Martial Arts Journal
Every month we will post a new article on the Martial Arts covering a broad range of topics philosophy, training, fitness and history of the Martial Arts.
This is the first installment of one students journey at Way of the Crane.
The Idea... One day, as we drove up 55th street, my wife mentioned that she'd like to stop in at the dojo on our left. She'd attended a lunchtime class at "Way of the Crane" years ago, and remembered it as a very tough workout. The two of us have a bit of masochist in us, so we decided to pay a visit. A class of 6-12 year olds was yelling and playing with each other under the guidance of several instructors, but a woman with laughing eyes quickly noticed us and came to the side to speak with us. Within minutes, we had an invitation to participate in the adult beginner class that would start in another half hour. Now, I'm not uber-athletic, and certainly not very coordinated. Martial arts had always appealed to me, because I liked the idea of being able to defend myself (I travel often) and those who study them seem to have a certain confidence and peace with the world. However, a combination of hectic, varied schedules and lack of cash had always prevented my participation. Also, I didn't want a testosterone-filled, pay for your belts, absolutely authoritarian discipline towards the teacher attitude. (A friend of mine calls these prevalent schools McDojos). However, Sensei Melanie mowed down any hurdles I might have to training. Hectic, impossible schedule? Simple, just pay for 4 classes a month, available on Tuesdays, Thursdays, or Saturdays. Cash flow? I had paid $45 a month for the Boulder rec centers (to go maybe 4 times a month) for no expertise whatsoever (although the dojo is sadly lacking a hot tub). The 4x a month classes cost $80, and the prices went down the more classes you took. Sensei also mentioned that we could attend a few classes to try things out before we paid anything. What a deal! As for the dojo 'atmosphere', it was friendly, team-oriented, helpful, and yet also tough. There would be no paying for belts here, and the standards looked very high. Intrigued, my wife and I agreed to come back for a Thursday class, dressed in comfortable sweats and t-shirts.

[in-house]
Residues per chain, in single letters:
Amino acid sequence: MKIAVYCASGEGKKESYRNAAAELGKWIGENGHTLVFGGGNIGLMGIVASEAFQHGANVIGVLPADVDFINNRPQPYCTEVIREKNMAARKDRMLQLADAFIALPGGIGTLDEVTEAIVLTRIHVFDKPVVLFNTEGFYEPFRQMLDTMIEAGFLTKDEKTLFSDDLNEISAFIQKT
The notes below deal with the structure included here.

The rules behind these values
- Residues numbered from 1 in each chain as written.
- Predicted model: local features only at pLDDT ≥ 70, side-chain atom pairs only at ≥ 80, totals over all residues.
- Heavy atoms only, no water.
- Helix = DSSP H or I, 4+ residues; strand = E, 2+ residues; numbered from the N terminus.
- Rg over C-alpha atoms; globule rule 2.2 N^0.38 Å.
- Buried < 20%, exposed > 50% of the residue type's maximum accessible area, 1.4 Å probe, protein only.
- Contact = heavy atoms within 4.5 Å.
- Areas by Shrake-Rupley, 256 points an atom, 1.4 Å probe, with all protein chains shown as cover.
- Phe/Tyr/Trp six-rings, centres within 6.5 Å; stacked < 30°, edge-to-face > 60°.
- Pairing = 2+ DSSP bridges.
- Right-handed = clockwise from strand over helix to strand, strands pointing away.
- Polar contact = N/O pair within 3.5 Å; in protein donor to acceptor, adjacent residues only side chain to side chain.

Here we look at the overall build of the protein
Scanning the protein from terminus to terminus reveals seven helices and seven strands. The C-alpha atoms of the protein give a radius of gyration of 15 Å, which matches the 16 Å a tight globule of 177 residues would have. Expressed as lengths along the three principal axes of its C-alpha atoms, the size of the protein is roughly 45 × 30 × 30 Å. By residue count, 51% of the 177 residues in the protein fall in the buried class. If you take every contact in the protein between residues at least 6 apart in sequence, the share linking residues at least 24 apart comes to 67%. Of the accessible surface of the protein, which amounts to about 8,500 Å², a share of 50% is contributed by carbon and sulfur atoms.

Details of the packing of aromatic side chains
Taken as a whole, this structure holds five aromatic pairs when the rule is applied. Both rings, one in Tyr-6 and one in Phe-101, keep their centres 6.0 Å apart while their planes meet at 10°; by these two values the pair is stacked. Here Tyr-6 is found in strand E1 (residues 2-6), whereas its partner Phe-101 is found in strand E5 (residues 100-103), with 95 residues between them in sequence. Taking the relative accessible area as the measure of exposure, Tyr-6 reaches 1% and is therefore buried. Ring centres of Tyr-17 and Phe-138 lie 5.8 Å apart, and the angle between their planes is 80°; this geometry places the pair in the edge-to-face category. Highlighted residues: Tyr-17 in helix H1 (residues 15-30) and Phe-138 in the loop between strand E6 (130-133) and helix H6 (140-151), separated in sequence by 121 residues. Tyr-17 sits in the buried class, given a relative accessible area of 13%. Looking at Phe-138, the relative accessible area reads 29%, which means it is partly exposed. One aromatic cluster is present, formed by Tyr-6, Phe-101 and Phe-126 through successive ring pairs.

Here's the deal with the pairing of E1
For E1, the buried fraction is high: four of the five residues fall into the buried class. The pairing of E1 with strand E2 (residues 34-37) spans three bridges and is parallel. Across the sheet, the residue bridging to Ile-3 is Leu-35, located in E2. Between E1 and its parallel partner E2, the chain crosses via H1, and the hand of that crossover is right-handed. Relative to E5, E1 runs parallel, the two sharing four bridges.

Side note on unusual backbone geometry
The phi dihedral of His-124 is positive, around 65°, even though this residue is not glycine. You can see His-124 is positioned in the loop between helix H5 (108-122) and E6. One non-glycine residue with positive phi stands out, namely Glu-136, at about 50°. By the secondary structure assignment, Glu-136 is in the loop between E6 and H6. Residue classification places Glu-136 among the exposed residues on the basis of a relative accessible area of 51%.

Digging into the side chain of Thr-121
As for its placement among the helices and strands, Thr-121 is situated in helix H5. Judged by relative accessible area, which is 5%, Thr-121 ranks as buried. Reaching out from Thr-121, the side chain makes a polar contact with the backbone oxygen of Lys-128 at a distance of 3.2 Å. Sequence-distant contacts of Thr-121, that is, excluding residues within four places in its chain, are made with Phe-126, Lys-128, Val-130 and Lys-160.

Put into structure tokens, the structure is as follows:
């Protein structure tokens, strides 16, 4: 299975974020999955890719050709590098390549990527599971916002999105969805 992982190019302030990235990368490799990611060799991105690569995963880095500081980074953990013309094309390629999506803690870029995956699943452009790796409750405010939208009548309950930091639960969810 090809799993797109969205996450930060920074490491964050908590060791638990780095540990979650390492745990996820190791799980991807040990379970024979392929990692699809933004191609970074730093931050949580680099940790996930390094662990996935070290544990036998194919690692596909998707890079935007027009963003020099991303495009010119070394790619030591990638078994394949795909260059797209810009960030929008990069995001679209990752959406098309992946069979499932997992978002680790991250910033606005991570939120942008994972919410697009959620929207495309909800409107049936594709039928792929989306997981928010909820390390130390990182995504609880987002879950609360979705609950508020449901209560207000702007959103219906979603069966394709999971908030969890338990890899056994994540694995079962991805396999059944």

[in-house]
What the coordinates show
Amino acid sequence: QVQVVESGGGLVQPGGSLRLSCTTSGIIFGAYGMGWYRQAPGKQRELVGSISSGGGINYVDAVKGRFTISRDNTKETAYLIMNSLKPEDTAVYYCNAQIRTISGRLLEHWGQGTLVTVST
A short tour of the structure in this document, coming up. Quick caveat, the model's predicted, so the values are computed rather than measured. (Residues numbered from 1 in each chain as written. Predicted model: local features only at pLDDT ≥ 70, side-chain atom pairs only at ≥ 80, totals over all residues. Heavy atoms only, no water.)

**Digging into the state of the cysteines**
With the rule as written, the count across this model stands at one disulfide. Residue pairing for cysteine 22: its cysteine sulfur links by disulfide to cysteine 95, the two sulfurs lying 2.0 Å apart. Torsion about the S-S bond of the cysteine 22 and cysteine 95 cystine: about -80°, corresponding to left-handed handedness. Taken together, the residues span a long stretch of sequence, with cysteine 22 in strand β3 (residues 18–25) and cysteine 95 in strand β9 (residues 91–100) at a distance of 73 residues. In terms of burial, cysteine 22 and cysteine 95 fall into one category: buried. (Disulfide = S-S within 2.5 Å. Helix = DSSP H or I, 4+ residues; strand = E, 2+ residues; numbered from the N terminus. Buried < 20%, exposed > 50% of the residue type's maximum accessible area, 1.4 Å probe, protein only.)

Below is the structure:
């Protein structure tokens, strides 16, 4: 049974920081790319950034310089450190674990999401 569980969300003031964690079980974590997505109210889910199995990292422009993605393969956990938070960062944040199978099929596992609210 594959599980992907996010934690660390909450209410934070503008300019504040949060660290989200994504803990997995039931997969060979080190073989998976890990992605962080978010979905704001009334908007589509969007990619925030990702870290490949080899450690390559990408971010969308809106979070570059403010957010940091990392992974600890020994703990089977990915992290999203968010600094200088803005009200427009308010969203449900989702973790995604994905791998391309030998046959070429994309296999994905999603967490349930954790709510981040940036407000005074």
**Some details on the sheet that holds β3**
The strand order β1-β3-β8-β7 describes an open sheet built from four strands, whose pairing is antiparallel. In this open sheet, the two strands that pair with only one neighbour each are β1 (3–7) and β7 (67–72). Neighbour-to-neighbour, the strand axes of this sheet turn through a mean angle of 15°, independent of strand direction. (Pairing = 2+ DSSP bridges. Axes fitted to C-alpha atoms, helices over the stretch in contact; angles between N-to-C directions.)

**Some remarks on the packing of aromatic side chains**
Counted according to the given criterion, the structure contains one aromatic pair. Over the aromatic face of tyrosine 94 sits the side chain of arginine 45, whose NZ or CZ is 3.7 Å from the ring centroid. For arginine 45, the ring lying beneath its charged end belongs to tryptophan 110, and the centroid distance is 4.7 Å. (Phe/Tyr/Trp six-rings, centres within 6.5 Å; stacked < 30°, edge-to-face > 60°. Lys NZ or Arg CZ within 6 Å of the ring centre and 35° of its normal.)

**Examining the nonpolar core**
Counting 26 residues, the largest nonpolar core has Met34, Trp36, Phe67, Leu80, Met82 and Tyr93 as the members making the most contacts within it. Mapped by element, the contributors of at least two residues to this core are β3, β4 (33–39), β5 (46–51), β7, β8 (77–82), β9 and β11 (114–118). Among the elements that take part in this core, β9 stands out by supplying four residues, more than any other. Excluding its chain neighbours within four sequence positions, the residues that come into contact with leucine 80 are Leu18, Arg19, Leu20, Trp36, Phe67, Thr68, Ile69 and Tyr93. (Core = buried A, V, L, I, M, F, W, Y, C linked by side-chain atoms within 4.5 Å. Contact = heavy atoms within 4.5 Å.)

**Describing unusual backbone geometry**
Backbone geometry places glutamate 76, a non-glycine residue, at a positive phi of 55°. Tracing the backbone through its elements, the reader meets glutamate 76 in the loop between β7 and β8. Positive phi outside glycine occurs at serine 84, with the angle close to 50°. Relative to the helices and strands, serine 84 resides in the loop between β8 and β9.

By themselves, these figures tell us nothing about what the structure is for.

Check back in two weeks for "The First Class"